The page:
But on the last day of the assignment – he was supposed to re-write the story in his own words. An that is when the light bulb came on. The story he recreated had the bird at a well, the bird had moved the rocks to dig a hole, so he could walk down a long slope underground to get to the water. He drew a detailed photo of his narration. And I asked why the bird would dig such a hole underground.   – So he could get to the water, to get a drink.

Two things were at play – he didn’t picture a fictional bird on a fictional landscape trying to get water from a vessel of water above ground.  He didn’t understand the displacement aspect of placing the rocks in the vessel to get the water to rise. As the bird was busy moving rocks to get a drink – he was not creating reflection of the direct words spoken, he was re-creating the story to fit his understanding.

So we went to the kitchen.  Found a pitcher – or beaker. Found our rocks, or Black beans that needed soaked anyway. And he added one spoon at a time til the water reached the top.

It was only after the first 5-6 spoons that I saw the light dawning on his face, and the understanding of displacement, pitcher, water rising. Oh. Now the story makes sense.

 

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Then, the words flowed, he re-narrated the story, but his mind was off on the displacement aspect and he had a half dozen other stories to create as well. He quickly went about his work, a happy boy. He even tried quenching his thirst in the pitcher er beaker.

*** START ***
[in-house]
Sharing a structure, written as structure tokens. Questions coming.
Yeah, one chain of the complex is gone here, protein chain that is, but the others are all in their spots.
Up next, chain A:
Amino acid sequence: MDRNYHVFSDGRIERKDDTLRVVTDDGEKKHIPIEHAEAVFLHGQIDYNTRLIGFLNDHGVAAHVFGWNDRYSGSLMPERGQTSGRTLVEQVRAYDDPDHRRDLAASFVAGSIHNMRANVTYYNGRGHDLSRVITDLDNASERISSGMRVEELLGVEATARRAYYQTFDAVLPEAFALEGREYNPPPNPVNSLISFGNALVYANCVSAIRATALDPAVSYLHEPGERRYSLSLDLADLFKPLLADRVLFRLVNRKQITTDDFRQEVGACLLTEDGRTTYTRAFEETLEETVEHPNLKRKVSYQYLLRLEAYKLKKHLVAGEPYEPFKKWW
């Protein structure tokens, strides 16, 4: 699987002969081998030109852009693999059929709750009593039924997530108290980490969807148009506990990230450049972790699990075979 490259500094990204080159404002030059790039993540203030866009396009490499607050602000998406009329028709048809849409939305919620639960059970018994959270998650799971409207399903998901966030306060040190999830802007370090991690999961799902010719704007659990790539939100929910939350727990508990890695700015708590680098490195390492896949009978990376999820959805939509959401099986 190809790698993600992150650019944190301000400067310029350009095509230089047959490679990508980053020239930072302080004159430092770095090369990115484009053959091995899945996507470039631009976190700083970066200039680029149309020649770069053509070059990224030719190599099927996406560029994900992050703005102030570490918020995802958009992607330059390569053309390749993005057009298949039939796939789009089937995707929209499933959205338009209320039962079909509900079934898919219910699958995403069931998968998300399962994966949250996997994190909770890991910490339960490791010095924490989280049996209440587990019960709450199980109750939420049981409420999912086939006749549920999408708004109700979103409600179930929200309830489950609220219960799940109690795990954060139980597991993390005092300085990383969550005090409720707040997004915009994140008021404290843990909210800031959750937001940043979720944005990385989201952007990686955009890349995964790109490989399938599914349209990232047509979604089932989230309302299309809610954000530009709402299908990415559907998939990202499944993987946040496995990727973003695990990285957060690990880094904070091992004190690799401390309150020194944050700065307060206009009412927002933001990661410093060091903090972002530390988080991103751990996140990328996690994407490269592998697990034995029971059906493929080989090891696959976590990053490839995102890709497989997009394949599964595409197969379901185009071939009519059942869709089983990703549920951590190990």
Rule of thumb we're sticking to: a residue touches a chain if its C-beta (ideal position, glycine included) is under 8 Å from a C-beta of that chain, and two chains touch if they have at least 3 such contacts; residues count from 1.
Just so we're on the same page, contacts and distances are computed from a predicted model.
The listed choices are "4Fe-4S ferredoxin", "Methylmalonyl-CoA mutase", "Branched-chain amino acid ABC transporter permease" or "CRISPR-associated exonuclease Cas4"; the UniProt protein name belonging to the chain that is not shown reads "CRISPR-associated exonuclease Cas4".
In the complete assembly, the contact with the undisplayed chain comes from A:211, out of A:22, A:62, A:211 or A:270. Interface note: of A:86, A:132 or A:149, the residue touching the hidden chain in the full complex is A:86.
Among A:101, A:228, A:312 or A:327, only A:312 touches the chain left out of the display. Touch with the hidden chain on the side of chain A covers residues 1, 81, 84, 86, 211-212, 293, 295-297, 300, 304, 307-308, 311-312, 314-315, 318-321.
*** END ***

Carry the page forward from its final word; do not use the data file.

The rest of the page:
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The moral – because all fables have them – one of the joys of being so close to the boys – is seeing these lightbulb moments. One of the joys of homeschooling in a relaxed way – is giving it time. Listening. Not pushing forward. Waiting to see what the bump in the road is. Prayer.  Had I panicked last week (or panicked to anyone outside of my dus bunnies residing in my brain) I might have had him evaluated. Labeled. Doubted myself. (ok I did to that a little). Changed curriculum. Changed a path. But time and again – over many bumps similar to this, my experience has proven – that time will reveal – or mature – the lacking skill.  I will purpose to read more stories with post it notes on the pictures, if I can’t find ones he likes without. I will purpose to have a game of re-telling the stories. Maybe Ms. Charlotte Mason was on to something after all.. . . Go figure.

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About +Angie Wright

The Transparent Thoughts of an Unschooling Family of Boys - Answering the question - What DO you DO all day?
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2 Responses to Hands on Reading–Creating the Picture of the Pitcher

  1. Pingback: Writing Tales | Petra School

  2. I love it. We had to do that as well. Interesting that it was the very same issue for my son as well.
    http://homeschooljournal-bergblog.blogspot.com/2010/03/aesops-fables.html